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Tuesday, May 30, 2023

Drew Pomerance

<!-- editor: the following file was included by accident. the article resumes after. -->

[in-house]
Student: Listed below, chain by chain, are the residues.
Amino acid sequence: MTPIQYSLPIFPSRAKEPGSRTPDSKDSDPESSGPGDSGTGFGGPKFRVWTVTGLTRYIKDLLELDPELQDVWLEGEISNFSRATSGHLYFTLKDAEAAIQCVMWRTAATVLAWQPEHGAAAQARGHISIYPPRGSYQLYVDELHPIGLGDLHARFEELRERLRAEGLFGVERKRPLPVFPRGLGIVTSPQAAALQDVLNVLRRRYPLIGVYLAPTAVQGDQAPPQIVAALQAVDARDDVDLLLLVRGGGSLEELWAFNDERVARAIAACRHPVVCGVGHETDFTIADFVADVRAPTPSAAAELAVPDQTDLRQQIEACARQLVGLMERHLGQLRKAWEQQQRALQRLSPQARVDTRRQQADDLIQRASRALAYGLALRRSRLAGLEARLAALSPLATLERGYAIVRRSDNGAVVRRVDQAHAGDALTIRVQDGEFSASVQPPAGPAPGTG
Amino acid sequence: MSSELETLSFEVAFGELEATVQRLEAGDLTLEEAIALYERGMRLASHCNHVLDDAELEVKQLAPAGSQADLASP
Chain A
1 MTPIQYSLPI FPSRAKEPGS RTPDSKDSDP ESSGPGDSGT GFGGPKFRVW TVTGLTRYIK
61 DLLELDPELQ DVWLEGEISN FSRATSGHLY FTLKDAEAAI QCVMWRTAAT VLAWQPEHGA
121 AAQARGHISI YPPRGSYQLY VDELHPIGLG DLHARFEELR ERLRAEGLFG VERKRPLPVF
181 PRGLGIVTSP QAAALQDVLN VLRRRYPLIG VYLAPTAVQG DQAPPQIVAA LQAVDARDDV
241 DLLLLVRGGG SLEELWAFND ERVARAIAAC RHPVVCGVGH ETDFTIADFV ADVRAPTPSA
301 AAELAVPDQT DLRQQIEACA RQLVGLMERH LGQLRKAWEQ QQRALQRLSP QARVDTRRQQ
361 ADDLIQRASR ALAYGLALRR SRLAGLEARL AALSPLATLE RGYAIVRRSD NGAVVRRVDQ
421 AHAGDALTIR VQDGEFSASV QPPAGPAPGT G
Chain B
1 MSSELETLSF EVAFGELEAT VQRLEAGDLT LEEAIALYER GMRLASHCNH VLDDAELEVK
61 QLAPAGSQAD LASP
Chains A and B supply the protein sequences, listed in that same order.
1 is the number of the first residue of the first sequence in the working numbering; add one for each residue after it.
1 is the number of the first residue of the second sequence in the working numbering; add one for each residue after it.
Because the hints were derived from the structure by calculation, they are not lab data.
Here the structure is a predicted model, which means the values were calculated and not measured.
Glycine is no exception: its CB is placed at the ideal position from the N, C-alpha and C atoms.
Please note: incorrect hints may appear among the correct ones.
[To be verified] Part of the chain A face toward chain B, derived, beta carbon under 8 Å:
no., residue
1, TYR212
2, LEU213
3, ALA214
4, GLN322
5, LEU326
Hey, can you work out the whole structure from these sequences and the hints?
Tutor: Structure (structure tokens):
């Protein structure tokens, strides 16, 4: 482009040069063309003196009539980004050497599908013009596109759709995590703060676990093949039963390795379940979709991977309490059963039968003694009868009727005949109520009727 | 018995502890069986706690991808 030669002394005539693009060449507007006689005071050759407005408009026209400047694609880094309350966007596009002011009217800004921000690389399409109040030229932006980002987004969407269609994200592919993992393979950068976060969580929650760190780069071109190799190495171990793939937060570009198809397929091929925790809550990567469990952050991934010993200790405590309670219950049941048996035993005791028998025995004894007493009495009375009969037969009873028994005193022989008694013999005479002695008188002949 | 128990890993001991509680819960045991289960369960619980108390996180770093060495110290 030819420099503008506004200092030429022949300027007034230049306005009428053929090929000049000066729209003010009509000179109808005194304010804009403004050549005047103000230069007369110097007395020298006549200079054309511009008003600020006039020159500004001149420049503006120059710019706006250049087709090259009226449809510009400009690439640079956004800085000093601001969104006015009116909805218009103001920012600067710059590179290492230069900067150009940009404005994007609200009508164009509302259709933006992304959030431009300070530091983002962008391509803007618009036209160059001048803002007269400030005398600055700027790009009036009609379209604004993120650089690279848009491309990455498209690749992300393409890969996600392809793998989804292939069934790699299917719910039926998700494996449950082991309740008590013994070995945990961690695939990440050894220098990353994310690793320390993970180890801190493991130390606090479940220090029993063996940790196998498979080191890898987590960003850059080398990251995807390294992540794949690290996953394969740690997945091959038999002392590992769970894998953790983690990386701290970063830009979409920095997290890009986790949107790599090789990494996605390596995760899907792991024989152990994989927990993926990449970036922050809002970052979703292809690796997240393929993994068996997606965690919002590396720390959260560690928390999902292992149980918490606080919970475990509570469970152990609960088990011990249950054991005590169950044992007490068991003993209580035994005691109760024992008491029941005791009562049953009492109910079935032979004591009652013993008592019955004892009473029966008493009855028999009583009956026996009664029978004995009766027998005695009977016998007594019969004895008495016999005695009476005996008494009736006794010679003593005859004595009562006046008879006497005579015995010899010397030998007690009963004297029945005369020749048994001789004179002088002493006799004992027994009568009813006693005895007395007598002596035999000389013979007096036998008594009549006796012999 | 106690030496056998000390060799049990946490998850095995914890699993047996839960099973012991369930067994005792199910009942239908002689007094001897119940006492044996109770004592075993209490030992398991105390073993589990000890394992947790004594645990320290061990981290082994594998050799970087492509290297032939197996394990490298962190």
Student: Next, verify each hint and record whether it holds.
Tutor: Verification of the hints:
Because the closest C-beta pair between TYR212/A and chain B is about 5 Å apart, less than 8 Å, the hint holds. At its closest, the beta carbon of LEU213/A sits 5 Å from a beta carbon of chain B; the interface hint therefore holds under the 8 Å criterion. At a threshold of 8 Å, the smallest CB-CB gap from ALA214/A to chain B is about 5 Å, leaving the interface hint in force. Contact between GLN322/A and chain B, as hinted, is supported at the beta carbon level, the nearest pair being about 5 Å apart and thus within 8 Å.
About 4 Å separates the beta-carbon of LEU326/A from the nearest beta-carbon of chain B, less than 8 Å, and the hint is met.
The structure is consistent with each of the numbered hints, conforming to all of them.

Drew Pomerance wears two hats, one as a trial lawyer arguing cases before a jury and the other handling appellate cases before a panel of judges. Both have unique challenges that Pomerance believes are served well by his ability to think quickly on his feet and his long-time interest in public speaking. “There is a rush when you are up there presenting a position and you can see the look in the judges’ eyes that they get it and understand what you are saying,” Pomerance said of arguing a case in an appellate setting. A graduate of the UC-Hastings College of Law, Pomerance became a junior partner at a Beverly Hills boutique law firm before striking out on his own as a sole practitioner. In 1996, he partnered up with Nick Roxborough and the pair are now partners in Roxborough, Pomerance & Nye located in Woodland Hills. “I liked being a sole practitioner but I kind of missed the collegiality of bouncing ideas off of other people and working together as a team,” Pomerance said. With the firm, Pomerance handled two significant cases giving businesses and consumers the right to pursue direct civil actions against their insurance carriers. The firm was involved in State Compensation Insurance Fund v. Superior Court from the start eventually taking it to the state Supreme Court. At issue was what recourse employers could take when over-charged for premiums. The insurance carriers argued the matter had to be taken to the state’s Department of Insurance. “The California Supreme Court saw it the other way, Pomerance said. A similar legal issue presented itself in 2004 in Donabedian v. Mercury in which insurance carrier Mercury said it was immune of any civil liability if it violated Proposition 103. The outcome of the case was that consumers could go directly to court to file a lawsuit for the violation and were not limited to go to the state’s Department of Insurance. The department had only limited remedies it could take against an insurance company that over-charged for premiums, Pomerance said. “It couldn’t make (insurance carriers) give back the money,” Pomerance said. “Only a court can do that.” Pomerance acted as the lead attorney in an arbitration matter in which his client Children’s Hospital of Los Angeles received a $3.3 million judgment. Another recent case was winning a $1.1 million jury verdict for Palm Medical Group which had sued because it had been kept out of a preferred provider network of the State Compensation Insurance Fund. Palm Medical Group Administrator Dr. Frank Huljev said a key to the win in the case was Pomerance’s ability to make complex business litigation understandable to a jury. If complicated legal issues don’t get simplified, then it is more likely that cases will be tried by judges rather than juries, Huljev said. “You always like to have your peers, the public hear the case rather then the judges.” Huljev said. When knowing a case is going to trial, Pomerance said he still gets nervous and excited about going to court. Each jury he goes before is different yet all tend to be smart and sophisticated. Still, Pomerance finds that he can’t take a lot of time to get juries to understand his position and the fundamental wrong his client suffered or else he risks having them tune out. “I tell myself if I can’t summarize the case in a paragraph then I’d better go back and re-do it,” Pomerance said. Mark R. Madler

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